Since 2015, composer/guitarist Tim Brady has been creating site-specific works for mass ensembles of electric guitars, enlivening shopping malls, old railway buildings and hockey arenas. Luminato commissioned him to write a new work for spatialized guitars to pay homage to George Harrison, who would have been 75 years old in 2018. With a mix of professional and community musicians, While 100 Guitars Gently Weep – Concerto for George is a monumental new work that celebrates the electric guitar and the sheer joy of playing it out loud, in public for all to hear!
To further celebrate George Harrison – a well-known advocate of the humble ukulele and its amazing capacity for making music – hundreds of young ukulele players from Toronto’s Doane Uschool, led by Melanie Doane, put their twist on Harrison’s songs and other music with "My Sweet Uke, A Tribute to George Harrison".
Brian Current has conducted a wide range of contemporary repertoire, has championed over 70 new works by Canadian composers and has appeared as conductor with numerous professional orchestras and ensembles including Symphony Nova Scotia and the National Arts Centre Orchestra. Since 2006 Brian has been the director of the New Music Ensemble of The Glenn Gould School (The Royal Conservatory). As a composer, Brian Current’s music has been programmed by all major symphony orchestras in Canada and by dozens of outstanding orchestras, ensembles, soloists and opera companies abroad.
Musical “chameleon” Scott Good is a composer, conductor, trombonist, and concert curator who works with a variety of ensembles in the Toronto area, and Canada at large. Ensembles he has composed for include Kitchener-Waterloo, Montreal, National Arts Centre, Winnipeg Vancouver Symphonies, the Gryphon Trio, ECM+, the Hard Rubber Jazz Orchestra, and Esprit. During 2008-12, he was composer-in-residence with the Vancouver Symphony. In his current CIR role with the London Symphonia, Good often leads from the podium conducting his original arrangements running from songs of Danny Michel to concerts of Middle Eastern classical music. As a trombonist has been heard with numerous orchestras, as well as with jazz, rock, and world music ensembles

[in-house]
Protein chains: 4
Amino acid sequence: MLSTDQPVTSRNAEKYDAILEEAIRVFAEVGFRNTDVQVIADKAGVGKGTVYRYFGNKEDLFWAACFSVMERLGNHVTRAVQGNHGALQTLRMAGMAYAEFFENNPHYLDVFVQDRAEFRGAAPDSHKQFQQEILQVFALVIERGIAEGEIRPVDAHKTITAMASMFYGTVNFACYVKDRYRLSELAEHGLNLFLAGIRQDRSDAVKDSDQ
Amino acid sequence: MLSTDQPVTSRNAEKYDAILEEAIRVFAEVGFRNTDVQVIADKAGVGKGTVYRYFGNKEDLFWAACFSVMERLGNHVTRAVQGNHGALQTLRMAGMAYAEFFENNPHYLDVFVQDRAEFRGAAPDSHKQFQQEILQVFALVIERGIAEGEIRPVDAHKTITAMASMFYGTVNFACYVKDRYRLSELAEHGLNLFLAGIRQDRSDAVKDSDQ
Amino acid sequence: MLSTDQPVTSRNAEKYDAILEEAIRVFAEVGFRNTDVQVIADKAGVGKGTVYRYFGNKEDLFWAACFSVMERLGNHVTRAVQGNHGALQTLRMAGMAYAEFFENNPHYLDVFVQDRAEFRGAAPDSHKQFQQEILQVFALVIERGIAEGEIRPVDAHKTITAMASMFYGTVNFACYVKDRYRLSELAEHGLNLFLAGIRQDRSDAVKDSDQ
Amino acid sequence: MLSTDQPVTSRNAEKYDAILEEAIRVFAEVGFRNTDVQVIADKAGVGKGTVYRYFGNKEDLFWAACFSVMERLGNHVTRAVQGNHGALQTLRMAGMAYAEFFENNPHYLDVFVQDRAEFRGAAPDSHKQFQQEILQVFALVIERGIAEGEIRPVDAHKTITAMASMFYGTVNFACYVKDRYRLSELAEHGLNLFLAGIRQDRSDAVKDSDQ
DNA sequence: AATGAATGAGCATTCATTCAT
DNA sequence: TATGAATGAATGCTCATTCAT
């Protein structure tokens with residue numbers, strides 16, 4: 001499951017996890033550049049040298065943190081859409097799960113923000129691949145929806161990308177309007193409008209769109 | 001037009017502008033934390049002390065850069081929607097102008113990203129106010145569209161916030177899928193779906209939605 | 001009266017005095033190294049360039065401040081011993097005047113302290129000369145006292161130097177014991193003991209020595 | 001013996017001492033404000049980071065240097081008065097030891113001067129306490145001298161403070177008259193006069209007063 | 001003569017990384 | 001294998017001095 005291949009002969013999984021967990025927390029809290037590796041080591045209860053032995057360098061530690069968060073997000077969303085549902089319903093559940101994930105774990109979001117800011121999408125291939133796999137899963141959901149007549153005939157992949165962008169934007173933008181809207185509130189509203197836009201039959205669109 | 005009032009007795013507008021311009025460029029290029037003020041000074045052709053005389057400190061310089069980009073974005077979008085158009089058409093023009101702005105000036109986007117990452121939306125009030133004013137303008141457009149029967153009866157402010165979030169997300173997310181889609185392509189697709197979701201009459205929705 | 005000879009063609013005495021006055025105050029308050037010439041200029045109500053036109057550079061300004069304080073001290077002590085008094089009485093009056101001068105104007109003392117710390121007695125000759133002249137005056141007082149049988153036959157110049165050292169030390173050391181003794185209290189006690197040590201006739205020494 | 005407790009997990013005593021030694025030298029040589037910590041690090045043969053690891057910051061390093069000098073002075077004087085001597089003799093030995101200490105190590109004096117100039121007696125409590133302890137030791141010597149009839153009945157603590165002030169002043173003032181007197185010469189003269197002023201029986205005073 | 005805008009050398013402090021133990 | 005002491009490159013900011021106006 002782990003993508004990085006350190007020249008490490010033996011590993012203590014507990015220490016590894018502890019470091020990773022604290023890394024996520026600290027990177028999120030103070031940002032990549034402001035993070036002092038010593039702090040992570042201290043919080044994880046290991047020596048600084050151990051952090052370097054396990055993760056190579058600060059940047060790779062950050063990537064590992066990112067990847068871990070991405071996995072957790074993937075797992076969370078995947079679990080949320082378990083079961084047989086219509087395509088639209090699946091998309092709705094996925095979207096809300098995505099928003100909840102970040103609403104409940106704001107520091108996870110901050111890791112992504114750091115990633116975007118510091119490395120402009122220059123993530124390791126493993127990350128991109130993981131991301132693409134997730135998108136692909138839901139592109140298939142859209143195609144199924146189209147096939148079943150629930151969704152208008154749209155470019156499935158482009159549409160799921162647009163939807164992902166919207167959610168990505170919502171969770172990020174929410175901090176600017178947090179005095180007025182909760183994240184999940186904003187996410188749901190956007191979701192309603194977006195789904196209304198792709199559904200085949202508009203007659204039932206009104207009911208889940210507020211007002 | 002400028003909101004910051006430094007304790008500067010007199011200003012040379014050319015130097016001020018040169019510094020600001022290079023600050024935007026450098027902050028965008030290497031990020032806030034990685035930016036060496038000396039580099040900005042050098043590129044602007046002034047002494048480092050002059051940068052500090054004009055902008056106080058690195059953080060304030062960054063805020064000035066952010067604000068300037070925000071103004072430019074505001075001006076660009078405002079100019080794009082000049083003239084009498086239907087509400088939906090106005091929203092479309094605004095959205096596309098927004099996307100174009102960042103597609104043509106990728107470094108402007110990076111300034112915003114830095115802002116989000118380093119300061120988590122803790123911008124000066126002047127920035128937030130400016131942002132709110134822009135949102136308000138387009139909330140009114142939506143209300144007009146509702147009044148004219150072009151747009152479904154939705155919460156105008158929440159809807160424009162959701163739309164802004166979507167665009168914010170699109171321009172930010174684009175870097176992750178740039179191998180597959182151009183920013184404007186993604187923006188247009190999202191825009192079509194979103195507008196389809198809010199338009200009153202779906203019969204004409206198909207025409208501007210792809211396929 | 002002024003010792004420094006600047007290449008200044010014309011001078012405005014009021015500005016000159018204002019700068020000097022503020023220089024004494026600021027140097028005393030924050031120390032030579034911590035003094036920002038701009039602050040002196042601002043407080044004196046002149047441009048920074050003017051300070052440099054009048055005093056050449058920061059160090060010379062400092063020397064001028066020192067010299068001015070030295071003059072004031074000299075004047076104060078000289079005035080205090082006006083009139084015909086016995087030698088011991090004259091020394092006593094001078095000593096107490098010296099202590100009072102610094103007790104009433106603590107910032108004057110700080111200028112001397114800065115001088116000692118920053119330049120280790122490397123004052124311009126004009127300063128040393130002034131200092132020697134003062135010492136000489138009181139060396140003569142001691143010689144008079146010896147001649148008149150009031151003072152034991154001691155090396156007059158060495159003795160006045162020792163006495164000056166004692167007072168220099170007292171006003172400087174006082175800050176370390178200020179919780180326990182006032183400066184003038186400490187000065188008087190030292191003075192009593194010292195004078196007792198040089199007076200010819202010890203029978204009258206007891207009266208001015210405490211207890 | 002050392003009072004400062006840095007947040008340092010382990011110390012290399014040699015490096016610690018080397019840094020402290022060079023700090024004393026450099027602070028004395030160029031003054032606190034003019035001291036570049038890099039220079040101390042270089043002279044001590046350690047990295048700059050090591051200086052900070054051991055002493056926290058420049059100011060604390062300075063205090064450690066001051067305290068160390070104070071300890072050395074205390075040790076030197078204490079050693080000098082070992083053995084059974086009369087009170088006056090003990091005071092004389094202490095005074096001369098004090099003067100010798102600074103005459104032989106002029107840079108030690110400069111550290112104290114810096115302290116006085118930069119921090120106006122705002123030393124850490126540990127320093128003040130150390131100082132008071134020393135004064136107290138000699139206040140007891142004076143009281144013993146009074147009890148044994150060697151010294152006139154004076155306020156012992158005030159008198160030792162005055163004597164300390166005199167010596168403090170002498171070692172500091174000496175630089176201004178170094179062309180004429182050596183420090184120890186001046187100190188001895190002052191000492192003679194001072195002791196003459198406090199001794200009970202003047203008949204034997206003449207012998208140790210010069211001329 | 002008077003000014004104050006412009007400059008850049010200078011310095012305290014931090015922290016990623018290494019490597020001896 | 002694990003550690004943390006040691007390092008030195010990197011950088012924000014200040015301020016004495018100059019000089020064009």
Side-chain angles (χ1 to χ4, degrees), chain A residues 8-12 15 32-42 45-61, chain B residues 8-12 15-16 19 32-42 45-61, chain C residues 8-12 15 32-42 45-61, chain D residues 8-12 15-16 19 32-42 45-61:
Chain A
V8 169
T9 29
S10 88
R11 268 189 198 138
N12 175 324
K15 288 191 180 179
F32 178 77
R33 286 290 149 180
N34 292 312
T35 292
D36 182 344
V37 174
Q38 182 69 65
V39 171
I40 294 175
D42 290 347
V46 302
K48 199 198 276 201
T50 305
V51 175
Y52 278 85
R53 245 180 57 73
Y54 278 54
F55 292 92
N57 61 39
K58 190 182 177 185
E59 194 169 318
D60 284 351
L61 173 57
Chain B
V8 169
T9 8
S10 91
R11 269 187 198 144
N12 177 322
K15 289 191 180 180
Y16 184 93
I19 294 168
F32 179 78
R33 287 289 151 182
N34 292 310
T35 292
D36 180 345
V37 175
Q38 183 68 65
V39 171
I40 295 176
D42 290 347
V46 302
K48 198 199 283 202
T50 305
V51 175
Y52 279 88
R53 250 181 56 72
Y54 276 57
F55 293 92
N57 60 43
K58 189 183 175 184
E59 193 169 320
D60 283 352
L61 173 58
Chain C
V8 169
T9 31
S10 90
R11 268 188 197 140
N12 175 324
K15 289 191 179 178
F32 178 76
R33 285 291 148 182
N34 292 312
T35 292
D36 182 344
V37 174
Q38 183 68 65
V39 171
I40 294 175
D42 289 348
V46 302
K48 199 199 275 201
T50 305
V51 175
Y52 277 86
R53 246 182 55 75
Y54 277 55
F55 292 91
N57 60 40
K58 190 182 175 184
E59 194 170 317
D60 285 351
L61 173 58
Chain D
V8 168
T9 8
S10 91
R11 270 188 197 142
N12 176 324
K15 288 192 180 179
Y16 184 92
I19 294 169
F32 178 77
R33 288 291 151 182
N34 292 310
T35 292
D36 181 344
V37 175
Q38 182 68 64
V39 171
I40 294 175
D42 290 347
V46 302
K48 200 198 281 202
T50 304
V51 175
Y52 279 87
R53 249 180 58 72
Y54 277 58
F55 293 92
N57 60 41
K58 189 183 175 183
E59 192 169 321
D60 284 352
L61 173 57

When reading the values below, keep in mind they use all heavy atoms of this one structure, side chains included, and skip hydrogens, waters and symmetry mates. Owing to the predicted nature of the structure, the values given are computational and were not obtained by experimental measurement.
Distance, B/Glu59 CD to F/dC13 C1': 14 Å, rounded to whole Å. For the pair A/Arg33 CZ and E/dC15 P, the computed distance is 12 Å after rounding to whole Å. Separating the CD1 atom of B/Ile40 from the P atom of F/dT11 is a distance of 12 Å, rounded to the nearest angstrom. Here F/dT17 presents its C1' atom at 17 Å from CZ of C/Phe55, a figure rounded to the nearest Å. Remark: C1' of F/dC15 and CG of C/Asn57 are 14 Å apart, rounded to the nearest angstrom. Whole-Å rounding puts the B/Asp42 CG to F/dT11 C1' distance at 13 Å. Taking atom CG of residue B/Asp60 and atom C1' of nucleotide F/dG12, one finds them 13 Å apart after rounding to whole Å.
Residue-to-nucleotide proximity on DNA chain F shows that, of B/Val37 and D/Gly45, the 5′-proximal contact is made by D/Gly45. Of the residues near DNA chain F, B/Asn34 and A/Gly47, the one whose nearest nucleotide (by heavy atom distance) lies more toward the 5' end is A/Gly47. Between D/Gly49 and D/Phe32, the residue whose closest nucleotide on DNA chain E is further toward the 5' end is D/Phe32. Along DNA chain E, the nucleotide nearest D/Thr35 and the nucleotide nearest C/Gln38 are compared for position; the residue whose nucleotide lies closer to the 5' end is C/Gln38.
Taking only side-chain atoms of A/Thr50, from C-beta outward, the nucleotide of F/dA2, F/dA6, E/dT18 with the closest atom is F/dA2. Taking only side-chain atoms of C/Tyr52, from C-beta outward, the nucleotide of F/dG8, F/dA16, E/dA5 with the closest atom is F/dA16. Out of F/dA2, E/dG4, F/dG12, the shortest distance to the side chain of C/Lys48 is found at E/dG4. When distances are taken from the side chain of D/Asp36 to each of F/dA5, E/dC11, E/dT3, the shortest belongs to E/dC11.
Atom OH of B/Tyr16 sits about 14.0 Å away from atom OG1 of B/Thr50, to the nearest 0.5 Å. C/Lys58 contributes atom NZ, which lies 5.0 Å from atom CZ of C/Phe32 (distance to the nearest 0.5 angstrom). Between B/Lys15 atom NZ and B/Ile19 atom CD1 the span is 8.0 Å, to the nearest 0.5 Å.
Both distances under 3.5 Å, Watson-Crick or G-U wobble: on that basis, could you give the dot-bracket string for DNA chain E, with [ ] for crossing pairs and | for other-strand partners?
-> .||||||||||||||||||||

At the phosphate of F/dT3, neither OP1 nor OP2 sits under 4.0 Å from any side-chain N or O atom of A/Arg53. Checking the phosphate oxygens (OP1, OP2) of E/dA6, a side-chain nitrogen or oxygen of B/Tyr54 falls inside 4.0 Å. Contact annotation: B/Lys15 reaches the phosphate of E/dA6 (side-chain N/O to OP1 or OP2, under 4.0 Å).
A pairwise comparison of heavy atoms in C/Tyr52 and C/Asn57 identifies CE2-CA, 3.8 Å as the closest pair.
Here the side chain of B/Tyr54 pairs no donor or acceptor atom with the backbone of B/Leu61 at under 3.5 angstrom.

Gregory Oh tends to wander the genres, appearing in places from the legendary Berlin techno club Berghain to the Lincoln Centre. Last year he conducted Bearing at the Luminato Festival and appeared as the piano soloist in (fellow conductor) Scott Good’s Hands of Orlac with the London Symphonia. This summer will take him to Rwanda and the UK with Neema Bickersteth and Century Song, and in the fall he will be featured at the Shanghai New Music Festival. Other credits: Continuum, Soundstreams, the Toronto Symphony Orchestra, the Canadian Opera Company, Canadian Stage, Soulpepper, Volcano Theatre, Tapestry New Opera and San Diego Opera. He teaches at the University of Toronto and NYO Canada.